Consecutive/burst shooting speed

Both DSLM cameras are fast: the Nikon Z7 can do up to 9 fps and the Z6 can do up to 12 fps.

The Nikon Z6 can take consecutive shots quicker probably due to its lower resolution.

This is how the differences between the sensors on the Nikon Z6 and Nikon Z7 impact on the consecutive shooting rate.

Further differences

Only the Nikon Z7 has an 8k time-lapse mode, which has already been seen on the Nikon D850 (see also the notice for the Nikon D850).

The Nikon Z7 also reservedly stays in FX or DX format when filming, depending on your choice.

Reactions to the Nikon DSLM cameras in the photography community

Generally positive reactions to the first test reports

Final and complete tests for the Nikon Z7 and Z6 are still in short supply.

But the first test reports will be available soon.

There are already some initial reactions, as Nikon has already equipped some photographers with pre-production models before the announcement date.

So far, in a first, summarised echo of various sources, the ergonomics of the case, autofocus, video function as well as the electronic viewfinder has been praised.

For example, DPRreview has published a comprehensive hands-on review. (see YouTube).

More details can be expected when the first Nikon Z7 and Z6 reviews are released.

Critics’ views on the Nikon Z6 and Nikon Z7

Only one memory card slot and XQD format

The Nikon Z6 and Z7 have settled in the professional segment – and within that many photographers were expecting a second memory card slot.

This is particularly helpful to prevent a loss of data if the memory card becomes damaged.

Additionally, Nikon relies on the relatively new XQD format.

These memory cards are more expensive than a conventional SD card. Furthermore, it is hard to find suitable readers for PC or Mac.

Price policy of Nikon DSL cameras

The prices of the new Nikon DSLMs also make for conversation.

The Nikon Z6 costs 2,450 euros (case only, but comes with an FTZ adapter), the Nikon Z7 costs 3,850 euros (case only, but comes with an FTZ adapter). Both are the manufacturer’s prices and are certainly not high-street prices.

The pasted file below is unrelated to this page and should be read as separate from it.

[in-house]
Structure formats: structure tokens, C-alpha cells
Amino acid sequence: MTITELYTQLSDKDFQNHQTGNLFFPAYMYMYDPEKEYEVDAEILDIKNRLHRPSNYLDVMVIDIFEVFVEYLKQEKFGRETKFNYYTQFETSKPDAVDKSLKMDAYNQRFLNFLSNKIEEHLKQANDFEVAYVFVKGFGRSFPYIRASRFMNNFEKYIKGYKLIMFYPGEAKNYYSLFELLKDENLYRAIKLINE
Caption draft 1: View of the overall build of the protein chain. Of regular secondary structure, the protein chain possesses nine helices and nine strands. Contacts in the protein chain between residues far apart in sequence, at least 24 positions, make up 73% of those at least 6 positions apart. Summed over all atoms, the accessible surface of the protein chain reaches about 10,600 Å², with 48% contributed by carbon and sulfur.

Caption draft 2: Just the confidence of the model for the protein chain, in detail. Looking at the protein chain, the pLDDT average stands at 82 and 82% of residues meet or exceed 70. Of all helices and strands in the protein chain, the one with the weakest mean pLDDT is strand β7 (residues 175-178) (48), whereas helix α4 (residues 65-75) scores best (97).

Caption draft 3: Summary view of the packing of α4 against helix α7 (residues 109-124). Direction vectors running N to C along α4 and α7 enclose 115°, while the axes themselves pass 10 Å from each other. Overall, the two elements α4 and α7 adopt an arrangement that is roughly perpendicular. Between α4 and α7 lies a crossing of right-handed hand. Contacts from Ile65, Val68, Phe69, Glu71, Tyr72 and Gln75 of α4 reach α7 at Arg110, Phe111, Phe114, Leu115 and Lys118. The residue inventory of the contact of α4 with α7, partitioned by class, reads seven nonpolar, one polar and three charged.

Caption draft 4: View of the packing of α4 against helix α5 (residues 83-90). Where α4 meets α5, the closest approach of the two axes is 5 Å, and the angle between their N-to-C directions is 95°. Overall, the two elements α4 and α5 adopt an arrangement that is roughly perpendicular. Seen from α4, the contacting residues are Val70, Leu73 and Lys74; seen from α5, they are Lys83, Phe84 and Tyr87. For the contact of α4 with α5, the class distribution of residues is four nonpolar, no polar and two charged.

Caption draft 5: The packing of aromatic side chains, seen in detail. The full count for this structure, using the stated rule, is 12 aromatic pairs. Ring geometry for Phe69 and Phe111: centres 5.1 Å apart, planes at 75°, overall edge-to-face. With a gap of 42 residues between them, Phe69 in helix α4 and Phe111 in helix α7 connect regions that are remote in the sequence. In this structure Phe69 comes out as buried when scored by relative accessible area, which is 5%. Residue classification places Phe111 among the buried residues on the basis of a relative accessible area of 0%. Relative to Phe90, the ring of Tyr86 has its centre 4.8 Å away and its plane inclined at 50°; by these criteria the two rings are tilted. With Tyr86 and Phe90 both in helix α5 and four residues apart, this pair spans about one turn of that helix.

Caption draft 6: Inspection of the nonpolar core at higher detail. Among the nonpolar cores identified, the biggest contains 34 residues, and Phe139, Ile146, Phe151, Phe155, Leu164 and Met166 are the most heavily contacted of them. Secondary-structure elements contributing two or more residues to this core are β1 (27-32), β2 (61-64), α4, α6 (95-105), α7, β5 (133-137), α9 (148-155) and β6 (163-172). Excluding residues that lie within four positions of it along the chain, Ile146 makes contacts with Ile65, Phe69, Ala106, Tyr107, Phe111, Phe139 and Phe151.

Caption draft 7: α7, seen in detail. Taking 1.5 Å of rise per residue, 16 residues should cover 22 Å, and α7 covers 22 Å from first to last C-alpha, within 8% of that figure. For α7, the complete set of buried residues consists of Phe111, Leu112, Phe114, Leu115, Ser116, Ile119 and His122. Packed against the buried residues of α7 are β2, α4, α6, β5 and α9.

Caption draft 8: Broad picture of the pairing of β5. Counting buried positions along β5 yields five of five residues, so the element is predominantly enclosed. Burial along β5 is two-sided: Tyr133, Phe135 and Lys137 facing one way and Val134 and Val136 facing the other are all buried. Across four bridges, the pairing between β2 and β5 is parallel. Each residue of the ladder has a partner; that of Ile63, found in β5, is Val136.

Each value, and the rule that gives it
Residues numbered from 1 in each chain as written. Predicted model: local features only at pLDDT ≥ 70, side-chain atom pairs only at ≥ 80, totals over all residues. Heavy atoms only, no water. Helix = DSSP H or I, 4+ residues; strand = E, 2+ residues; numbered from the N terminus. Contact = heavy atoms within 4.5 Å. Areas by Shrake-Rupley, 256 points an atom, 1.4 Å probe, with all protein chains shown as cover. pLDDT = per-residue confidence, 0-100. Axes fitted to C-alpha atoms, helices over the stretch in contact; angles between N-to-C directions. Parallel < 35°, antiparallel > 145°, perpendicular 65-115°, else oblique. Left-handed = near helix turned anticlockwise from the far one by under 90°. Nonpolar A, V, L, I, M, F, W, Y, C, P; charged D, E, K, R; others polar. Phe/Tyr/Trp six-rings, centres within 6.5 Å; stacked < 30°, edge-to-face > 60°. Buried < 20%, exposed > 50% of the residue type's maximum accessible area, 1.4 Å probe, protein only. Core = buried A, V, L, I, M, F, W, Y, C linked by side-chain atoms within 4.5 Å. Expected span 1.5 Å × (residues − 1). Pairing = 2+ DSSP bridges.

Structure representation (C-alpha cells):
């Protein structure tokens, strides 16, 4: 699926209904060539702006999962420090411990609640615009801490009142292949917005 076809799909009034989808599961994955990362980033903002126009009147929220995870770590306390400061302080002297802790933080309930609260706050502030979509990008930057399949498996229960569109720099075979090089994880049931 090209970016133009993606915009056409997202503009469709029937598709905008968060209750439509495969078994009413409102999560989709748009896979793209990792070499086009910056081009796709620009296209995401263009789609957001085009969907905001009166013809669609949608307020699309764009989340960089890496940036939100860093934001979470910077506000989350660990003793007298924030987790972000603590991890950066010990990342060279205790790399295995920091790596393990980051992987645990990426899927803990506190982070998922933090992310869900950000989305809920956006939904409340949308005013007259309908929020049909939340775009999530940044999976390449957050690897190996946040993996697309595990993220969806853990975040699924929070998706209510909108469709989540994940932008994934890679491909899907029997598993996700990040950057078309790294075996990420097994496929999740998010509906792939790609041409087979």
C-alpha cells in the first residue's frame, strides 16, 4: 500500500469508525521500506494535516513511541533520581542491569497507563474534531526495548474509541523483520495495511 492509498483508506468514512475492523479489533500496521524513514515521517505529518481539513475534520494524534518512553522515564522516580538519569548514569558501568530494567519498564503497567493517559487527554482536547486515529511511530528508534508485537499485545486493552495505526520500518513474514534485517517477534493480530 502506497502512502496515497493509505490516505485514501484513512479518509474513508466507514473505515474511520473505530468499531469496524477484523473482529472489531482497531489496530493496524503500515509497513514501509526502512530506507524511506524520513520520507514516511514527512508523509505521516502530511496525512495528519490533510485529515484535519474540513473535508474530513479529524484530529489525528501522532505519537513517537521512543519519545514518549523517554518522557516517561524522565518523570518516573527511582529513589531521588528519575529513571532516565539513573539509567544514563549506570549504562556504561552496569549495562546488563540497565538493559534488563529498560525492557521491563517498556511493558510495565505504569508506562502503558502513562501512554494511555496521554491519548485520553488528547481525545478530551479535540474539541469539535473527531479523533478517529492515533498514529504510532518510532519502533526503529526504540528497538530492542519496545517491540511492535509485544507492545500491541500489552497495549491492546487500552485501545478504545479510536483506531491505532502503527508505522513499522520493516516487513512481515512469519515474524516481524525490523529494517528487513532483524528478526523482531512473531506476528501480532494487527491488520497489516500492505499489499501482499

You could compare the Nikon Z6 with the Sony Alpha 7 III, for example, which currently costs around 2,300 euros.

It is important to make sure that the FTZ adapter comes with the Nikon camera.

Sony also has a lens adapter for A mount on E mount. The current adapter, Sony LA-EA4, must be bought separately and currently costs around 230 euros.

Since the street prices for the Nikon DSLM cameras can be cheaper and the lens adapter is already included, the Nikon Z6 is thus moving at about the same level as that of the Sony Alpha 7 III.

Lens for the Z bayonet

Nikon Z6 vs. Z7

Nikkor Z lenses available in 2018

In the same year as the launch of the Nikon Z6 and Nikon Z7, three will initially be Nikkor Z lenses:

  • Nikkor Z 24-70mm 1:4 S (standard zoom lens, kit lens)
  • Nikkor Z 35mm 1:1.8 S (wide-angle fixed focal length lens)
  • Nikkor Z 50mm 1:1.8 S (standard fixed focal length lens)

The first two lenses should be available at the same time as the release of the Nikon Z6 and Nikon Z7, the latter lens will be released about a month later.

Roadmap for the Nikkor Z lens

For a new camera with a new lens bayonet, the availability of lenses is definitely critical to its success. Nikon obviously knows this too.

Nikon is promising a total of twenty more Nikkor Z lenses in the next three years: 2019 (6 lenses), 2020 (6 lenses) and 2021 (8 lenses).

That is based on a roadmap diagram published by Nikon (see here)

Along with the firmly announced Nikkor Z 58mm 1:0.95 S Noct, for 2019 there are also plans for two more fixed focal length lenses (20mm f/1.8 and 85mm f/1.8) and three zoom lenses (24-70mm f/2.8, 70-200mm f/2.8 and 14-300mm f/4).

For 2020, Nikon has announced two fixed focal lengths (50mm f/1.2 and 24mm f/1.8), a zoom lens (14-24mm f/2.8) as well as three non-specified lenses.

It is not yet known what sort of lenses will follow in the eight lenses announced for 2021.

Conclusion: Nikon Z6 vs. Nikon Z7

The DSLM cameras Nikon Z6 and Nikon Z7 promise an interesting debut from Nikon in the full frame DSLM segment.

It seems as though Nikon has decided to blow right from the beginning. A lot has been taken over by the reliable Nikon D850.

It probably has something to do with Nikon’s intense concern with the Sony Alpha 7 series.

In comparing the technical specifications of the Nikon Z6 vs. Nikon Z7, the Nikon Z6 is the more universal camera, whereas the Nikon Z7 is appeals primarily to professionals who need maximum image performance.

Z lenses are still in short supply in the beginning, but with its adapter solution, Nikon seems to target mostly photographers who want to plunge into the DSLM world with existing F mount lenses.

This has turned up the competition in the full frame DSLM segment.

It remains exciting to wait and see what Canon has planned for this year. Two full-format DSLM cameras are expected from Canon this year as well.

Read More:
Canon EOS M10 vs. M3 vs. M5 vs. M6